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English Class Flashback

My Loose Depiction of An English Teacher Giving Writing Instructions In Middle School 30 Years Ago. (That’s when I went to Middle School.)

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“Class, when writing papers, I have one rule—there will be no more ‘is am are was were be being been’ words in your papers going forward. You must follow this mandatory rule. I expect 100 percent compliance. There will be no wandering sheep in this group, ones lured by all the shiny weres and beens at the end of the field. It’s just a piece of old foil glittering in the sun. Ignore it. Listen to your teacher because she knows best. And she talks in the third person. Get used to it.

Passive voice bores readers. My voice bores you. But, when you read one of my writing examples, you’ll be amazed and wowed. And yes, wowed is a word. There’s a nice nugget of knowledge for you to put in your back pocket today.

For your papers, I expect a structured layout. Make it military-style. Line up those word soldiers in perfect harmony; Black shiny boots in an exact row.

Introduce your topic in an intro paragraph. Give the reader something to latch on to … like a kid grasping for a lollipop dangling in front of his face.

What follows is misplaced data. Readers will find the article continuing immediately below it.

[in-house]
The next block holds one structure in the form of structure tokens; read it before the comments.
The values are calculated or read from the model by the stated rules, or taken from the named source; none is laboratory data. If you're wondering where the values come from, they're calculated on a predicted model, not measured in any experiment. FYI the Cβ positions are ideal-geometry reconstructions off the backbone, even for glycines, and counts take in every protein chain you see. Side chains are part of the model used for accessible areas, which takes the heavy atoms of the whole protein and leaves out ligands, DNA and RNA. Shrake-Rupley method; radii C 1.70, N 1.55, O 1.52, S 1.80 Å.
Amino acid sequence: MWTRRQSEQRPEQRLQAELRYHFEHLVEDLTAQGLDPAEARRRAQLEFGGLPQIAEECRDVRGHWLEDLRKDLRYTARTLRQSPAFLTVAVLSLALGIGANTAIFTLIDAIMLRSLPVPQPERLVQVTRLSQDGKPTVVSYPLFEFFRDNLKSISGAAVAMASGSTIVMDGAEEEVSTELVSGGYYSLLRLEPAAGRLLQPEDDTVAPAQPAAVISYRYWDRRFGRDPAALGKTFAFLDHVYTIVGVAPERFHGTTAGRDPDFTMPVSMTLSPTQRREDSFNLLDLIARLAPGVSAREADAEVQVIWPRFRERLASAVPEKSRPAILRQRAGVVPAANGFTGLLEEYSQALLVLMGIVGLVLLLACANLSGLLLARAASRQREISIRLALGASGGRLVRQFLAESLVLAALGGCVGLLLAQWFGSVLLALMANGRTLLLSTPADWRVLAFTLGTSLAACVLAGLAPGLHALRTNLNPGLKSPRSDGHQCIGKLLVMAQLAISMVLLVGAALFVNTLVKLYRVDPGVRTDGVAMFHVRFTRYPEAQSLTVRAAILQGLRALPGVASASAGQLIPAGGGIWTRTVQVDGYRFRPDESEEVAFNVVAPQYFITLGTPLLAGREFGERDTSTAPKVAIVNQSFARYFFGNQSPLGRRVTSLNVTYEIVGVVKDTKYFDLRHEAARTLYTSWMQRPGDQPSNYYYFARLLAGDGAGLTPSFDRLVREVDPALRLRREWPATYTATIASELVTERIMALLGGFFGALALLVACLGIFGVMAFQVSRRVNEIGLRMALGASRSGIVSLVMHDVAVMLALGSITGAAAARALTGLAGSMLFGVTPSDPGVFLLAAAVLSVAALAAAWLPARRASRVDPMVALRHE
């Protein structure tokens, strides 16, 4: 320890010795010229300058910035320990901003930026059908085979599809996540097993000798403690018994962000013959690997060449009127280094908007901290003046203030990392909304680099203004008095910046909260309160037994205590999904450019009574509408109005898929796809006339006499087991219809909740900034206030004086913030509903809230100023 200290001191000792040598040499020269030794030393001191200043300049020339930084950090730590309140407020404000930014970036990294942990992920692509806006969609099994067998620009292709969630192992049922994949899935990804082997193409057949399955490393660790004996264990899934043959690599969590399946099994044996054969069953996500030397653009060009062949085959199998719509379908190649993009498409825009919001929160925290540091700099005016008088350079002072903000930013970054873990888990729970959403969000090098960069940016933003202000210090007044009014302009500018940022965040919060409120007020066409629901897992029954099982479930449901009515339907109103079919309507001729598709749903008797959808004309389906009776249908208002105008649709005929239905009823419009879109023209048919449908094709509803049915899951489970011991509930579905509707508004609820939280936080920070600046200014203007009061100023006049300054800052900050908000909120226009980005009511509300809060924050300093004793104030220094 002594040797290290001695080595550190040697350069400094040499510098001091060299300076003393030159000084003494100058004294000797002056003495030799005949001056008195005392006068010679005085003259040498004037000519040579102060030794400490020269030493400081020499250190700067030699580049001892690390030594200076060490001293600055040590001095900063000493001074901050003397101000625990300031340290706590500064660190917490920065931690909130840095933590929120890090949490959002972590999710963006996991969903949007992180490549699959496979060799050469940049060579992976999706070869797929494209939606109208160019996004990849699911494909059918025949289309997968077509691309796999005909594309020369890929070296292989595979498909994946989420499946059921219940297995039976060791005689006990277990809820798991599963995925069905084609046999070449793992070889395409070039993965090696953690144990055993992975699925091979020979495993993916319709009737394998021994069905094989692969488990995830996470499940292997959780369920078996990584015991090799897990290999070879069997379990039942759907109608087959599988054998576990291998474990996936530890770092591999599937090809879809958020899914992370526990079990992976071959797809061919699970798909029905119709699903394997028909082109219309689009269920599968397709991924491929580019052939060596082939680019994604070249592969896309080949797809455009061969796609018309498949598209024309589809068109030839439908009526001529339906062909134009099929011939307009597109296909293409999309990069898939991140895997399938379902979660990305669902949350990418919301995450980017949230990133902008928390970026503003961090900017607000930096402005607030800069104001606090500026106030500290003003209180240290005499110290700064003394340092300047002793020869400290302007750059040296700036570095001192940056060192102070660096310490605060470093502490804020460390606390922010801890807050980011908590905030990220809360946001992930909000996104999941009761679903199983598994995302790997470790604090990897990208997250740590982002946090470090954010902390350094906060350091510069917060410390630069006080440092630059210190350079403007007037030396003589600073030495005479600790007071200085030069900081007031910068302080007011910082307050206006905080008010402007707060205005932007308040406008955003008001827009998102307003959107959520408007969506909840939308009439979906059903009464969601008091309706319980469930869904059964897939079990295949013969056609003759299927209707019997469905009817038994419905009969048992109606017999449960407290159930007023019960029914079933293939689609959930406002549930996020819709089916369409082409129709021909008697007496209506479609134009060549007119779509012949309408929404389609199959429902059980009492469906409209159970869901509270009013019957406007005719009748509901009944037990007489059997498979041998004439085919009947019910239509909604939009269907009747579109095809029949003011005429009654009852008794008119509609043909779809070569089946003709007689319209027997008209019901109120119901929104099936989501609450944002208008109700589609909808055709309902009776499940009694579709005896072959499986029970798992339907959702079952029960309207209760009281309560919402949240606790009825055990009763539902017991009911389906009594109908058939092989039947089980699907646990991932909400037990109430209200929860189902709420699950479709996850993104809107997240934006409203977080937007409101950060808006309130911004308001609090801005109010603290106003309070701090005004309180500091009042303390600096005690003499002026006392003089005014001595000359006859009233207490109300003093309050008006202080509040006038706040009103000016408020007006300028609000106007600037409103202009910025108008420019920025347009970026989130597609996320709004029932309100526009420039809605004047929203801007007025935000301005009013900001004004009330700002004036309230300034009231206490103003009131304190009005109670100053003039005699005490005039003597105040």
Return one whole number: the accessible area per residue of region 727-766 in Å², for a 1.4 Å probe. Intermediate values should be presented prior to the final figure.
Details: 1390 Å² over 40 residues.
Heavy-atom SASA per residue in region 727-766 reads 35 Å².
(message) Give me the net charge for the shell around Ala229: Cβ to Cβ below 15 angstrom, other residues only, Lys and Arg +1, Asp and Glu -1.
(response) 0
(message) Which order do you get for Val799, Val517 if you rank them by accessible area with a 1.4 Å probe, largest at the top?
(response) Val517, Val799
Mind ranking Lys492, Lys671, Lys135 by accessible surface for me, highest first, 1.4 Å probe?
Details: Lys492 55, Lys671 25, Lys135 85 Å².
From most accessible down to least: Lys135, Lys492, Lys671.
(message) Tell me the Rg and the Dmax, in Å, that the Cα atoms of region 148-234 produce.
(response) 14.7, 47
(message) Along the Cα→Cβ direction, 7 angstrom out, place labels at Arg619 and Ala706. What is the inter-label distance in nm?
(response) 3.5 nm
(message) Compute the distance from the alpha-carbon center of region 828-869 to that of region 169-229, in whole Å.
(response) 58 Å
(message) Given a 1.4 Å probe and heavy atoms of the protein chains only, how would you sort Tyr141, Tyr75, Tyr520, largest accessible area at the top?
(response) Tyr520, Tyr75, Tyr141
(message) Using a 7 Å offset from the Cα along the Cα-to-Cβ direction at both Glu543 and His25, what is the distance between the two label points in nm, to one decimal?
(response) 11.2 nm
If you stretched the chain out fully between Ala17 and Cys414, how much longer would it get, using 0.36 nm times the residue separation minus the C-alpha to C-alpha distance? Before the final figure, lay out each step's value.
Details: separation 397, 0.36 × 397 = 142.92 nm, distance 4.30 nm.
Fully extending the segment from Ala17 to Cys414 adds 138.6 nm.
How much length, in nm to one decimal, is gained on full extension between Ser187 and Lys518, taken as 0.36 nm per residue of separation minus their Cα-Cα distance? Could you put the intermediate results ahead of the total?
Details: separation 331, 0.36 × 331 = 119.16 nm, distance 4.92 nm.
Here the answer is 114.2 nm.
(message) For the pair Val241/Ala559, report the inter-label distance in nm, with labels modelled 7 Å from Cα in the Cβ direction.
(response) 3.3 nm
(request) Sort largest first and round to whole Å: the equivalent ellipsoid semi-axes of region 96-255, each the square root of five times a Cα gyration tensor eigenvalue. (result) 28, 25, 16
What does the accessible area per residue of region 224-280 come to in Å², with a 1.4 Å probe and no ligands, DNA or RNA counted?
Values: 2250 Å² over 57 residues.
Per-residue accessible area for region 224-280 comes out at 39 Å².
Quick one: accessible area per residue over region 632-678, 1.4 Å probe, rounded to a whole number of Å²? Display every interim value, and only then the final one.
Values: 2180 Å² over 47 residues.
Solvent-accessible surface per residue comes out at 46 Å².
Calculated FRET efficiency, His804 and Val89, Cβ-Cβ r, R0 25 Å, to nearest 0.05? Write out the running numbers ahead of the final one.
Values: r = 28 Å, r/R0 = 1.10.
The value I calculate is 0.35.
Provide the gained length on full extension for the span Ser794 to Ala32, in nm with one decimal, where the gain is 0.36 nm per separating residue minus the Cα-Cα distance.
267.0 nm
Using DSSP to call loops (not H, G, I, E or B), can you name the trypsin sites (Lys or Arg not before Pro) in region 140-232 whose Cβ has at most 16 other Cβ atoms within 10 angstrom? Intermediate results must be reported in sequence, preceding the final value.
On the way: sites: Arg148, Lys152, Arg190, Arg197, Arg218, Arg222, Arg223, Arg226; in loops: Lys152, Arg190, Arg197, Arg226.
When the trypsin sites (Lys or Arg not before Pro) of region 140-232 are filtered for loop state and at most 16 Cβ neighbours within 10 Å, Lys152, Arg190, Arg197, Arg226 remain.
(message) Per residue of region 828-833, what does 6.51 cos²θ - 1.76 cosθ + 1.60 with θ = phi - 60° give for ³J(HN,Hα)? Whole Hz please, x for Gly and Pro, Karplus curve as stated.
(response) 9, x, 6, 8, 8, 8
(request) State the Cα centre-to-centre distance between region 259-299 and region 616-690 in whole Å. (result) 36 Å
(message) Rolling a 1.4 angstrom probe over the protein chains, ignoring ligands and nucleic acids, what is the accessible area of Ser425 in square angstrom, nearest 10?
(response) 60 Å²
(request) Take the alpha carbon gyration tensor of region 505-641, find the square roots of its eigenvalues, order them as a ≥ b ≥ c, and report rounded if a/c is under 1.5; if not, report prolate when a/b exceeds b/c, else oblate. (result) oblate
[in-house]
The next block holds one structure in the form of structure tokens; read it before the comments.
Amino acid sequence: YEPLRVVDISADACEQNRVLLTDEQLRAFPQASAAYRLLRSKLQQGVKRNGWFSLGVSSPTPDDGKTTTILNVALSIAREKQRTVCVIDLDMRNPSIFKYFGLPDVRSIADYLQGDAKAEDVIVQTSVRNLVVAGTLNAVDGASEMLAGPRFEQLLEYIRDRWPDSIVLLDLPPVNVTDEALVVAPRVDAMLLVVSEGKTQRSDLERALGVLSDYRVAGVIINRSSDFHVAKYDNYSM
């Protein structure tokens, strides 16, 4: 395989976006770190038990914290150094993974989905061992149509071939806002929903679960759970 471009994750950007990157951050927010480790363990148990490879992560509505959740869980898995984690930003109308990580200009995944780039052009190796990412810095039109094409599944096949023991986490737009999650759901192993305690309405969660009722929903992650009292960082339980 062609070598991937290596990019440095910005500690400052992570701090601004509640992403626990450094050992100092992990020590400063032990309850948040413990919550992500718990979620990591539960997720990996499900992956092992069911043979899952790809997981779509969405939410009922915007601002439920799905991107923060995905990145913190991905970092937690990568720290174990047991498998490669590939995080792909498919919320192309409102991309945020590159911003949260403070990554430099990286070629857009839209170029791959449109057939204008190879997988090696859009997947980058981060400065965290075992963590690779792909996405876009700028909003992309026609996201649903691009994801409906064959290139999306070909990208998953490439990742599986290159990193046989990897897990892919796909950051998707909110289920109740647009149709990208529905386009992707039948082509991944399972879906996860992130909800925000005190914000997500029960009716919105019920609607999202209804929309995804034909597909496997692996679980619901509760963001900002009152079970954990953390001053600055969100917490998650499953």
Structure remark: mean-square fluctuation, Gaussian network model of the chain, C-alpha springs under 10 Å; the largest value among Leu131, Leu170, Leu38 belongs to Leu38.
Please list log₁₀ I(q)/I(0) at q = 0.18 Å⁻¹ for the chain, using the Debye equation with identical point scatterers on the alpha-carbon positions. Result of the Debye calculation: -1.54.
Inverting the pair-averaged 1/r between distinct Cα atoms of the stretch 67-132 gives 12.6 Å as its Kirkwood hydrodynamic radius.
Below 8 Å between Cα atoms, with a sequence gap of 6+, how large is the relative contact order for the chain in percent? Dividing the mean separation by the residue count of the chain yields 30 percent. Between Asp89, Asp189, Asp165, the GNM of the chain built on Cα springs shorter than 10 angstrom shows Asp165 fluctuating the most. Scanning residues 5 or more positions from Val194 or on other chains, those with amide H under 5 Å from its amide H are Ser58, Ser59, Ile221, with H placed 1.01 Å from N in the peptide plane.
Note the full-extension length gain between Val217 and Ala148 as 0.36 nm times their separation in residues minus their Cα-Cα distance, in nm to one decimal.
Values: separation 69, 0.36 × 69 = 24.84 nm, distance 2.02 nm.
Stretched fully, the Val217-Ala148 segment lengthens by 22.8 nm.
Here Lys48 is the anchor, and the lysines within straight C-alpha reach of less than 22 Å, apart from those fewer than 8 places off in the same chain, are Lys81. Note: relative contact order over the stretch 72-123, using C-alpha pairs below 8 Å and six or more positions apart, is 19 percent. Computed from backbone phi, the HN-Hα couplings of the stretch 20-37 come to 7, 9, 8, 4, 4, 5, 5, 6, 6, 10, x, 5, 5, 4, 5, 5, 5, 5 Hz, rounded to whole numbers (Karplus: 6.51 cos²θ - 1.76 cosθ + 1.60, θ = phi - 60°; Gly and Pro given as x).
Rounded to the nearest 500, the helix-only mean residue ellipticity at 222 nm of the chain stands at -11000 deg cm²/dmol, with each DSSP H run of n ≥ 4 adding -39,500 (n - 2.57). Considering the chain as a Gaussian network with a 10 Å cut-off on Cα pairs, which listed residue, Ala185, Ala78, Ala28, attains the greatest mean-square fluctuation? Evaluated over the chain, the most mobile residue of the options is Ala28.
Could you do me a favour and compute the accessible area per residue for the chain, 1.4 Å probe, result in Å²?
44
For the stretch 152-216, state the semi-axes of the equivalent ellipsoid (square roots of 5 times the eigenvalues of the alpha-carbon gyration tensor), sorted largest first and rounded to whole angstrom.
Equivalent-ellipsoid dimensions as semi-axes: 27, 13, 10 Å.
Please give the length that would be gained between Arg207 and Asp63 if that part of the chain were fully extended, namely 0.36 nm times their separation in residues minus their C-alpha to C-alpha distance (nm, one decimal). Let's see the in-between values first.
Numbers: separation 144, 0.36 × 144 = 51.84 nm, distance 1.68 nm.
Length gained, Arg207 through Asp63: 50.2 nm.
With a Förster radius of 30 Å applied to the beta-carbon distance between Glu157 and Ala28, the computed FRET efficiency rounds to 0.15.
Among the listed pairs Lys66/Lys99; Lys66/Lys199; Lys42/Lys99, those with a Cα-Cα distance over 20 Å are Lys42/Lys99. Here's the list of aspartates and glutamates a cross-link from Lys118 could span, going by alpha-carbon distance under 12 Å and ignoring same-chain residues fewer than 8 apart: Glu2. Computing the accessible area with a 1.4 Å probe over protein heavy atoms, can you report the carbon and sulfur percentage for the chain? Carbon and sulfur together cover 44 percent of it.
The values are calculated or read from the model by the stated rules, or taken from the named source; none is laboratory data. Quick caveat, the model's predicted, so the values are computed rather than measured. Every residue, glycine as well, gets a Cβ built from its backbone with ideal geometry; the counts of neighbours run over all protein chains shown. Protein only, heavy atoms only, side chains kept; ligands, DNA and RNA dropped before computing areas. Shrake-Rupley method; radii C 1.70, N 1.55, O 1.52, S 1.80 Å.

Then comes the bulk of the paper. Take a few paragraphs to write the body of your masterpiece … support your documentation. Remember—this is the MEAT of the paper. Pump it up with robust information. So let’s say we’re writing about a big guy savoring a large meal (maybe lasagna … it’s meaty) on a Saturday night. Describe the single white candle dripping wax down the sides towards the checkered tablecloth. Add details about how the sauce burned the man’s cracked lips. How the cheese strung from the plate to the fork. How the blend of ricotta and beef created a melody of flavors.

Lastly, close out the paper with a conclusion paragraph. If you start the paragraph with, ‘in conclusion’, I will throw your paper back at you to fix it. Be warned, I have terrible aim. No promises I won’t hit your face (by accident, of course). Close out your piece with something that leaves a mark. Give a final thought that ends with a punch! And no, just using an exclamation point will not make it a punch.

Oh, and before you go, one thing about your last book test on Huckleberry Finn. We have a student in this classroom who thought she was clever. She thought she could read the first and last sentence of each paragraph to get the gist of the book. Well, let me tell you, that particular student received a D on the book test. They didn’t get an F only because it was clear they did read a fraction of the sentences in the book. You know who you are. Next time, read the whole book!

This concludes today’s class. For your homework, please write me a paper about why kittens purr and return it to me by tomorrow afternoon. Have a good night.”